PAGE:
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Clin Gastroenterol Hepatol. 2010 Jan;8(1):85-90. doi: 10.1016/j.cgh.2009.08.035. Epub 2009 Sep 10.

Acute pancreatitis during pregnancy.

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Department of Gastroenterology, Hepatology & Endoscopy, Trinity Mother Frances Hospitals and Clinics, Tyler, Texas, USA.



Acute pancreatitis is rare during pregnancy; limited data are available about maternal and fetal outcomes. We investigated the effects of acute pancreatitis during pregnancy on fetal outcome.


This retrospective cohort study, performed at a single academic center, included consecutive pregnant women who presented with (n = 96) or developed acute pancreatitis in the hospital (n = 7) in 2000-2006 (mean age, 26 y). Patient histories and clinical data were collected from medical records.


Of the 96 patients with spontaneous pancreatitis, 4 had complications: 1 patient in the first trimester had acute peripancreatic fluid collection, and 3 patients in the third trimester developed disseminated vascular coagulation (DIC). None of these patients achieved term pregnancy, and 1 of the patients with DIC died. Endoscopic retrograde cholangiopancreatography (ERCP) was performed in 23 patients with acute pancreatitis; post-ERCP pancreatitis was diagnosed in 4 patients (a total of 11 patients developed ERCP-associated pancreatitis). Term pregnancy was achieved in 73 patients (80.2%). Patients who developed pancreatitis in the first trimester had the lowest percentage of term pregnancy (60%) and highest risks of fetal loss (20%) and preterm delivery (16%). Of the patients with pancreatitis in the second and third trimesters, only one had fetal loss. Fetal malformations were not observed.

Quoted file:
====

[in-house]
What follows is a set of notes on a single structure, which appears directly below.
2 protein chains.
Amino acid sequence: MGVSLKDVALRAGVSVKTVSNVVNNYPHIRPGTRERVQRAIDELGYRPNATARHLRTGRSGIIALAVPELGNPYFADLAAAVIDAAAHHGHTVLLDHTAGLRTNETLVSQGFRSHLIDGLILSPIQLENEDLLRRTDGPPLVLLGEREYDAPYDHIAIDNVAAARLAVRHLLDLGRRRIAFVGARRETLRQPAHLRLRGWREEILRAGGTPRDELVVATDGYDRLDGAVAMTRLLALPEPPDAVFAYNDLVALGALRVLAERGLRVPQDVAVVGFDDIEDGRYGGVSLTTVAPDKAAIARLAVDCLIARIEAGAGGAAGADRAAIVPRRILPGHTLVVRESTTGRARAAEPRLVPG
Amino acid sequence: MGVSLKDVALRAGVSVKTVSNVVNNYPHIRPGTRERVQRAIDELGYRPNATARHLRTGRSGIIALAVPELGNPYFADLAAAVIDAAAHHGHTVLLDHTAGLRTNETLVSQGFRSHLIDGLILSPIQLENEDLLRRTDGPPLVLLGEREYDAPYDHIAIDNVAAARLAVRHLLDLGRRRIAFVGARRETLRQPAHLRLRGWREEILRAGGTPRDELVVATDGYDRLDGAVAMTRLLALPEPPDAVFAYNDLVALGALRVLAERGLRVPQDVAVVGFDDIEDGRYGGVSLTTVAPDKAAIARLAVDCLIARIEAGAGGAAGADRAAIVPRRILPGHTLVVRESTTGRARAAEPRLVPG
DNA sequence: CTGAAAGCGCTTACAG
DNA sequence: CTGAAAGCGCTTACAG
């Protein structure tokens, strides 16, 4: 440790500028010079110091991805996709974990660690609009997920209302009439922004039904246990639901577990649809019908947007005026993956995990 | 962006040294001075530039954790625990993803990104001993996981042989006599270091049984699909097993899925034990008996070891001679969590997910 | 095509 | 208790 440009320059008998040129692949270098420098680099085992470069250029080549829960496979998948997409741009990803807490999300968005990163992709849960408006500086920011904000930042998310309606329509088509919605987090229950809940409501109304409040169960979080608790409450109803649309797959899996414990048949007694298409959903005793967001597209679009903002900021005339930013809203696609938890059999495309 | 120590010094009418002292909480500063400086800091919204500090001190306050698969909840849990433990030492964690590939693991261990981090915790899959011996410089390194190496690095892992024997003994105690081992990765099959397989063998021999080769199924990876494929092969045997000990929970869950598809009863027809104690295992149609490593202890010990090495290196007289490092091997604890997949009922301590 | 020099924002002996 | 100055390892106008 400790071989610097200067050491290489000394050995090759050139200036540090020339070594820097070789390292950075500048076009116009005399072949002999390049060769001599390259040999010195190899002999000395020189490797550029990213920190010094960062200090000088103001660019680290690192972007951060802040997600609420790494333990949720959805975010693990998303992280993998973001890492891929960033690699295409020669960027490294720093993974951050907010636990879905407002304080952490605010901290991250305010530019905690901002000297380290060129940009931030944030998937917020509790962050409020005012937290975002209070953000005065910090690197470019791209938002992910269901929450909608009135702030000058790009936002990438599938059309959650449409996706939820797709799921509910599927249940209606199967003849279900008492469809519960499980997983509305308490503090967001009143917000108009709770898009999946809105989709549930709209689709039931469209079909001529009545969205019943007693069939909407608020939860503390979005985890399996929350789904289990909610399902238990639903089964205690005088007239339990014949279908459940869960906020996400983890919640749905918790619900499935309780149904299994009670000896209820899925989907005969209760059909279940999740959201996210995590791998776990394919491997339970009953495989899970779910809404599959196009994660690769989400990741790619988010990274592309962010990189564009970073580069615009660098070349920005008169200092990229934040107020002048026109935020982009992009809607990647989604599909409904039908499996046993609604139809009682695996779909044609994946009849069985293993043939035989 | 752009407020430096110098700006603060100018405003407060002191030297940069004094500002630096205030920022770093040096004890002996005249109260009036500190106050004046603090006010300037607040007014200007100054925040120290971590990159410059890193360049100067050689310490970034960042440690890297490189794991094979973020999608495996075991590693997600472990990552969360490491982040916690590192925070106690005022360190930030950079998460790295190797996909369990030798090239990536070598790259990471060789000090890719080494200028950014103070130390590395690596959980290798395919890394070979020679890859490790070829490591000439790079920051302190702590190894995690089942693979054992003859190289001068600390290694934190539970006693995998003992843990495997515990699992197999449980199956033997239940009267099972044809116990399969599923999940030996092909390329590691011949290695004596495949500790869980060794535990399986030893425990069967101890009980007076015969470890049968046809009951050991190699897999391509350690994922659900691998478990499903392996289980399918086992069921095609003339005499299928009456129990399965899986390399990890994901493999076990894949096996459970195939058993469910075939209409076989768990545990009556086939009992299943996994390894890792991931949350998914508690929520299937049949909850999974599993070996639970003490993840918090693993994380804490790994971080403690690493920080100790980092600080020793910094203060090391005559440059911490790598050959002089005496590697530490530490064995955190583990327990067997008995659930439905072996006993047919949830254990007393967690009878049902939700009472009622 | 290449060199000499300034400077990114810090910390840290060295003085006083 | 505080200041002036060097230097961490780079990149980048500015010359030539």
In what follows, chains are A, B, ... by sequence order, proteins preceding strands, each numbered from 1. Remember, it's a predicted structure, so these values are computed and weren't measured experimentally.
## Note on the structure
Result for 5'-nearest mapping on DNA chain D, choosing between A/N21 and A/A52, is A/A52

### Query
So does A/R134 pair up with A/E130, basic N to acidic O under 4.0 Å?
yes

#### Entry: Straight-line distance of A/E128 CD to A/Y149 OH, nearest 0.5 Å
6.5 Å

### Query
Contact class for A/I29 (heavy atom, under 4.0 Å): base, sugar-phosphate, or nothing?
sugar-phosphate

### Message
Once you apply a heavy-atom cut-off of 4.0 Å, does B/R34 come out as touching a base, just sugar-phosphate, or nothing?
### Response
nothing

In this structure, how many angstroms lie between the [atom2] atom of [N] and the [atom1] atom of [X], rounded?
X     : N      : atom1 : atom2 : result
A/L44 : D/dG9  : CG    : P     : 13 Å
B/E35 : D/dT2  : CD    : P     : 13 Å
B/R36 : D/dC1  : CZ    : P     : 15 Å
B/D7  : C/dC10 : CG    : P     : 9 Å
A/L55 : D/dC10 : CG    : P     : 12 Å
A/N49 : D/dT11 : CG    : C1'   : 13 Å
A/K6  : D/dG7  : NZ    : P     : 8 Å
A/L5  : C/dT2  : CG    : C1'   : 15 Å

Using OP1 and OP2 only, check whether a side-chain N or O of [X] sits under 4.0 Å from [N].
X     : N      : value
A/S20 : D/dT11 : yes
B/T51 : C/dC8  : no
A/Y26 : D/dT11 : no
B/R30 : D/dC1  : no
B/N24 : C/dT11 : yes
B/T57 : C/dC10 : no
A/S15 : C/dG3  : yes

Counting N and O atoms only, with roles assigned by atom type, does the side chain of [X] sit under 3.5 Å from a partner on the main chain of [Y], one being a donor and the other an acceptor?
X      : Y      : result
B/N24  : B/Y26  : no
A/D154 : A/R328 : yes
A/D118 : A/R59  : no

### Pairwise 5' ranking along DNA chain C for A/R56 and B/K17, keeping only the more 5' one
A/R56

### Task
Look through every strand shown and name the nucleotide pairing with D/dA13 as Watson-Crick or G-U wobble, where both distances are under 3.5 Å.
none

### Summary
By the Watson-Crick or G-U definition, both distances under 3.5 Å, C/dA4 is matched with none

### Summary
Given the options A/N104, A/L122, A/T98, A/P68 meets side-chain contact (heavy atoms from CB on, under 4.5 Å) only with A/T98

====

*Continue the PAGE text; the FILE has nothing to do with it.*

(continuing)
The majority of pregnant patients with acute pancreatitis did not have complications; most adverse fetal outcomes (fetal loss and preterm delivery) occurred during the first trimester. Acute pancreatitis, complicated by DIC, occurred most frequently in the third trimester and was associated with poor fetal and maternal outcomes.

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